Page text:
The light hasn’t changed but the source has

African mask lit with thumb light diode.

African mask lit with thumb light diode.

I was catching up on TWIP podcasts over the weekend and someone said that light hasn’t changed since Newton. True enough but the VARIETY of light sources–particularly for photographers–is galloping ahead at the speed of, well… light. Couple this with the increasing sensitivity of camera sensors and you have a genuine sea change in lighting.

Many photographers are opting for small electronic flashes over large mono-lights or power-pack/heads studio style lighting for location shoots. Part of the reason for this is that film needed more light more often to illuminate bracketed exposures of slow transparency film. But that was before the noise-free, high ISO files generated by the D3. With ISOs set at 400, 800, and 1600 the energy consumption of the small flash becomes more practical.

I have steered away from using small flashes for off-camera lighting because the recycle time is too slow and the battery appetite too big but I will be trying out Nikon’s CLS (creative lighting system) in the coming weeks when my wireless speedlight commander arrives. Sites like the Strobist have become required reading when planning new lighting strategies for small flash photography.

The practicalities of continuous light sources have also been affected by technology. The increasing sensitivity of sensors now allows for small thumb LEDs to be used for fill lighting and in some cases the main light for a photo. I also have high hopes for OLED technology which could allow large, soft light panels to be used for location lighting.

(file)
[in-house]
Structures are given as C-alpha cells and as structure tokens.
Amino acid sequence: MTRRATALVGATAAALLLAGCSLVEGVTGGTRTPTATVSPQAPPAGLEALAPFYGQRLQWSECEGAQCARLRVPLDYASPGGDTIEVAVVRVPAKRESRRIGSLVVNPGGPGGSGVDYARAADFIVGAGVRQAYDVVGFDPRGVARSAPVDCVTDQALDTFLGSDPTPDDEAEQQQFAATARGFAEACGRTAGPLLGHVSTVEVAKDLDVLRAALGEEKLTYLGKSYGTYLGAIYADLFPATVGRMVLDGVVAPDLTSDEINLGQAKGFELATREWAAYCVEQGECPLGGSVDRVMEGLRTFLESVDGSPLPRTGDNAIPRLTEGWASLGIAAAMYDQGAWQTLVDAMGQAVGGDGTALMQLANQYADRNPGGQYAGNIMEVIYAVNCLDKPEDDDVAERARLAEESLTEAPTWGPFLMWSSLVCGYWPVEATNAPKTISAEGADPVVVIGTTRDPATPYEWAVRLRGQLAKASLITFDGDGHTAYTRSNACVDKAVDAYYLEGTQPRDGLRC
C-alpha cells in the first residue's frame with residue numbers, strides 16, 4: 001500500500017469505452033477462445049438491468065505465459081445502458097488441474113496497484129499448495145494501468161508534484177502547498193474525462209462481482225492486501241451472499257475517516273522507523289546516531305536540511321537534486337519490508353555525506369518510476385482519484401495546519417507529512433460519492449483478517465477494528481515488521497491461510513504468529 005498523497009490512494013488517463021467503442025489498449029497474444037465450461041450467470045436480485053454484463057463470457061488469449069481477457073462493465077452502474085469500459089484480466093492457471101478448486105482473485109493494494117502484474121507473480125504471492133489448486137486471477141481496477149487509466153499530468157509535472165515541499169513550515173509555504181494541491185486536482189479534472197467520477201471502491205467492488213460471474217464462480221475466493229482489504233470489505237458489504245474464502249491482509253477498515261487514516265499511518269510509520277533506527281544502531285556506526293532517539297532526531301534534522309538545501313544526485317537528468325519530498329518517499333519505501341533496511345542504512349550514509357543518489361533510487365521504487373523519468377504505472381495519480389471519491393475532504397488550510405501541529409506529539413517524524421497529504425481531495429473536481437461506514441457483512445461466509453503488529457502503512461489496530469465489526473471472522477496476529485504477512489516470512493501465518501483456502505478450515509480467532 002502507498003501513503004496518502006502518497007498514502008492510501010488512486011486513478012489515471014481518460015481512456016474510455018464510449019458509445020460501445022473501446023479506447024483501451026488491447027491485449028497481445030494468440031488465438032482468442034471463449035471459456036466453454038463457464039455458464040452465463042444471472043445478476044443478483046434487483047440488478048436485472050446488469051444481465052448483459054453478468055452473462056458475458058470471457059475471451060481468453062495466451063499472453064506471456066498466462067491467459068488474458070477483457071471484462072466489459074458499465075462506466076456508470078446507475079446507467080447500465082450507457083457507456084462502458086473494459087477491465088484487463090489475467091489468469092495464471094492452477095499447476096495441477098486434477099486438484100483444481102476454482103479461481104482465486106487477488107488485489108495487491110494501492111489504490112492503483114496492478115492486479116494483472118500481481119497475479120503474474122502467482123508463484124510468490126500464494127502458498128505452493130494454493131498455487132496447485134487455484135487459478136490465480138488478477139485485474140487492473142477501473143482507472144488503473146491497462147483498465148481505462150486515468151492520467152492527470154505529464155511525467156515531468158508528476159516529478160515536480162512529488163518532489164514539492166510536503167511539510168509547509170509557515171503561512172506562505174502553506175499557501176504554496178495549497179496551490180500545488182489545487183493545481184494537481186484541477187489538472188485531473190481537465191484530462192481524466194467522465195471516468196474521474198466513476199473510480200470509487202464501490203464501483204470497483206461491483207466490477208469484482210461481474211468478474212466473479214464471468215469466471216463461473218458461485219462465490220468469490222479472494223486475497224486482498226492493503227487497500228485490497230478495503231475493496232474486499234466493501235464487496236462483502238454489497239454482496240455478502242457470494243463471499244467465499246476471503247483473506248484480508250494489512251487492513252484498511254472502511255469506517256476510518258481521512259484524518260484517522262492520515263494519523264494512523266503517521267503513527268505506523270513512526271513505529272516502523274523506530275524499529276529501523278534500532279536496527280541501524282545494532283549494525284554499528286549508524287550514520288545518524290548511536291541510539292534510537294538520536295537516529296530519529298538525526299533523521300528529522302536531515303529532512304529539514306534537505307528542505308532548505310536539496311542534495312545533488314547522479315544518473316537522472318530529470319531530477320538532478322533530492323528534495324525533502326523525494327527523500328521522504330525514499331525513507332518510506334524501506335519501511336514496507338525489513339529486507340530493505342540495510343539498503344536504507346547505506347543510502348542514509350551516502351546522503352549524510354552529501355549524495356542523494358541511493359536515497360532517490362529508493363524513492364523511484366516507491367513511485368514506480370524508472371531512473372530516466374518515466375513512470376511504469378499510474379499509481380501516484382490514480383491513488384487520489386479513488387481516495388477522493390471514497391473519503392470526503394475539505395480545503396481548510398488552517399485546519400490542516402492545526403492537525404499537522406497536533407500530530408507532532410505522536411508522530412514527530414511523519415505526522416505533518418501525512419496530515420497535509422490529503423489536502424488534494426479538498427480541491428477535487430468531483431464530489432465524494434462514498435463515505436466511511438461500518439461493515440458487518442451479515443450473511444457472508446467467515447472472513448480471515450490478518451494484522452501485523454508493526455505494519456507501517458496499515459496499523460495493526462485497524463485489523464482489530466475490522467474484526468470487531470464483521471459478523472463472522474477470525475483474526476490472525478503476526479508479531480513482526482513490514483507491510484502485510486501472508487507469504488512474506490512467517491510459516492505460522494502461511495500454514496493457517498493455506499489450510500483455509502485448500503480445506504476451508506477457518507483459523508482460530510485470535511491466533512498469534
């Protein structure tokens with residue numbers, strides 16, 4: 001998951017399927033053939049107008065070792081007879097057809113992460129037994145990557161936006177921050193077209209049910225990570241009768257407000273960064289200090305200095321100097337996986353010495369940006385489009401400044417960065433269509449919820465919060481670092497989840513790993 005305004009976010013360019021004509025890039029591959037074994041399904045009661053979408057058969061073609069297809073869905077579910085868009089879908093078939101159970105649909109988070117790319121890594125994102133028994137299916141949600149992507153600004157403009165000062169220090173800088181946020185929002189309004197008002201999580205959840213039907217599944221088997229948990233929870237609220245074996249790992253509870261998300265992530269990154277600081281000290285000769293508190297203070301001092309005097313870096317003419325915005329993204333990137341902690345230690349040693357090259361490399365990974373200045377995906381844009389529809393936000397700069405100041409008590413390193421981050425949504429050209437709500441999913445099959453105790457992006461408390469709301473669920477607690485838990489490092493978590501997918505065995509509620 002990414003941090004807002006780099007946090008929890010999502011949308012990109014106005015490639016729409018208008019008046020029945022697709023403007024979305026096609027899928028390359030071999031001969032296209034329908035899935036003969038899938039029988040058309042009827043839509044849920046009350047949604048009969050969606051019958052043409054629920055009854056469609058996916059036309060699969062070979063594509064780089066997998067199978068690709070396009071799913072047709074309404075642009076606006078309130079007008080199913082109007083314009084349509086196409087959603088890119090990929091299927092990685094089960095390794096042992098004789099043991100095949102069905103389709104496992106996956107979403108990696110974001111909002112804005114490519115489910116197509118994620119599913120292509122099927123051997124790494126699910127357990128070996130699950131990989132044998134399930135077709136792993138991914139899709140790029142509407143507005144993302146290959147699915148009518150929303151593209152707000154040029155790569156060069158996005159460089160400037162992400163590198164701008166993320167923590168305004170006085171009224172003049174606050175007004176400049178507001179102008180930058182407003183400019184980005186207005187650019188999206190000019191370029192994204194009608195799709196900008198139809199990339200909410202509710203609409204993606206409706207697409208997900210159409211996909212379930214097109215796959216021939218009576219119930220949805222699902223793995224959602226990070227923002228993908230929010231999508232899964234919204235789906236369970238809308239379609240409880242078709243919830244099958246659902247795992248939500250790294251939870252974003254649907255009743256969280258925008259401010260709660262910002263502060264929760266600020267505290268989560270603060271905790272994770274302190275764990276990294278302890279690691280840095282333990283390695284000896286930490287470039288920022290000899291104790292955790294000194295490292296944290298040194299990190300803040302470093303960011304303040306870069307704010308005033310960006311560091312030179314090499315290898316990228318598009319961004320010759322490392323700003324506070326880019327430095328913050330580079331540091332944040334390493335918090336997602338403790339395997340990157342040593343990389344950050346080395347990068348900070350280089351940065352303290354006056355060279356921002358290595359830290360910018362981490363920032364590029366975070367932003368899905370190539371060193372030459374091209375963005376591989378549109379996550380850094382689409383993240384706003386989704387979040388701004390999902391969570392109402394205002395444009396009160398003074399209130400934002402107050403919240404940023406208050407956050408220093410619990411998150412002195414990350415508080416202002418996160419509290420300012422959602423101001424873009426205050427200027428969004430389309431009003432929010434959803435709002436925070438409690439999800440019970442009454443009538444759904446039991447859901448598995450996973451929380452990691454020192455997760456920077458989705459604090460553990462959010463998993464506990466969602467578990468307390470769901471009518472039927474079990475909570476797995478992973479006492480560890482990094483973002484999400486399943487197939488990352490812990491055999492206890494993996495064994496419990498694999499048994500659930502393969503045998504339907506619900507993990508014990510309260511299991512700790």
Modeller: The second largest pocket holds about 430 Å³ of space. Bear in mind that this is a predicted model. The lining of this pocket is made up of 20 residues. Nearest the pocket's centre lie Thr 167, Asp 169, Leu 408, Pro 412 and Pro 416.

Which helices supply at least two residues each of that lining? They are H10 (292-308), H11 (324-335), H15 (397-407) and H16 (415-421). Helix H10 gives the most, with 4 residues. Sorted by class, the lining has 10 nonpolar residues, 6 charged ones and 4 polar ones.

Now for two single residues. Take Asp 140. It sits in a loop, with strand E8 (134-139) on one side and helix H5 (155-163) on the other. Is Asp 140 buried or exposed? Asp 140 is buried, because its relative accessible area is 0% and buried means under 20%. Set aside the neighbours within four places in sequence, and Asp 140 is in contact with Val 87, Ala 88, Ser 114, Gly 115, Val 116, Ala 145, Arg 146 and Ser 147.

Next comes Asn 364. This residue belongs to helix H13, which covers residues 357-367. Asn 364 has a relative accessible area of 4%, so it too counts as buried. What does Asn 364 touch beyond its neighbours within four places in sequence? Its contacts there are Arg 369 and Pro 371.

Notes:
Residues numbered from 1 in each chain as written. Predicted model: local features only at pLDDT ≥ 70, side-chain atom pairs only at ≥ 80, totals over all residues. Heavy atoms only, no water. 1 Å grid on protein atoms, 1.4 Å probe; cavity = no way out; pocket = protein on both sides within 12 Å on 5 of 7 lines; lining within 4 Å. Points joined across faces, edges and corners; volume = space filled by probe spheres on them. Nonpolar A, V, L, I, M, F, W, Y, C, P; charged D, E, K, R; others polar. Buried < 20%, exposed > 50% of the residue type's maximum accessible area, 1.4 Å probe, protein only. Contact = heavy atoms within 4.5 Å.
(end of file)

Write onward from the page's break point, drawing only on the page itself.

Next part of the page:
As camera and lighting technologies continue to advance I look forward to more creative and innovate use of light.


~ by keithphilpott on September 8, 2009.

9 Responses to “The light hasn’t changed but the source has”

  1. I am looking for your trip to China pictures, they are probably here but I don’t see them

  2. I did

  3. What fabulous photos of China!
    Thanks and…We love Dr. Dean!!!
    Molly in Seattle

  4. Great pictures! Nice to see Dr. Dean! Thanks for sharing.

  5. Wonderful site Keith. Your images explore a story we should know more of. Dr. Dean, keep at it. A voice of reason.

  6. Einstein’s metals/photon theory is pretty cool. I am working on a battery where you can actually see the charge at any given moment, simply plug it into any source to recharge it,and cost conscience too.

  7. Still love the D3 and yes the low iso helps me out so much! I try not to use flash at all if I can. Nice site..

  8. It’s like being able to see in the dark. This camera has completely reordered my shooting strategy.

    Thanks for the response.

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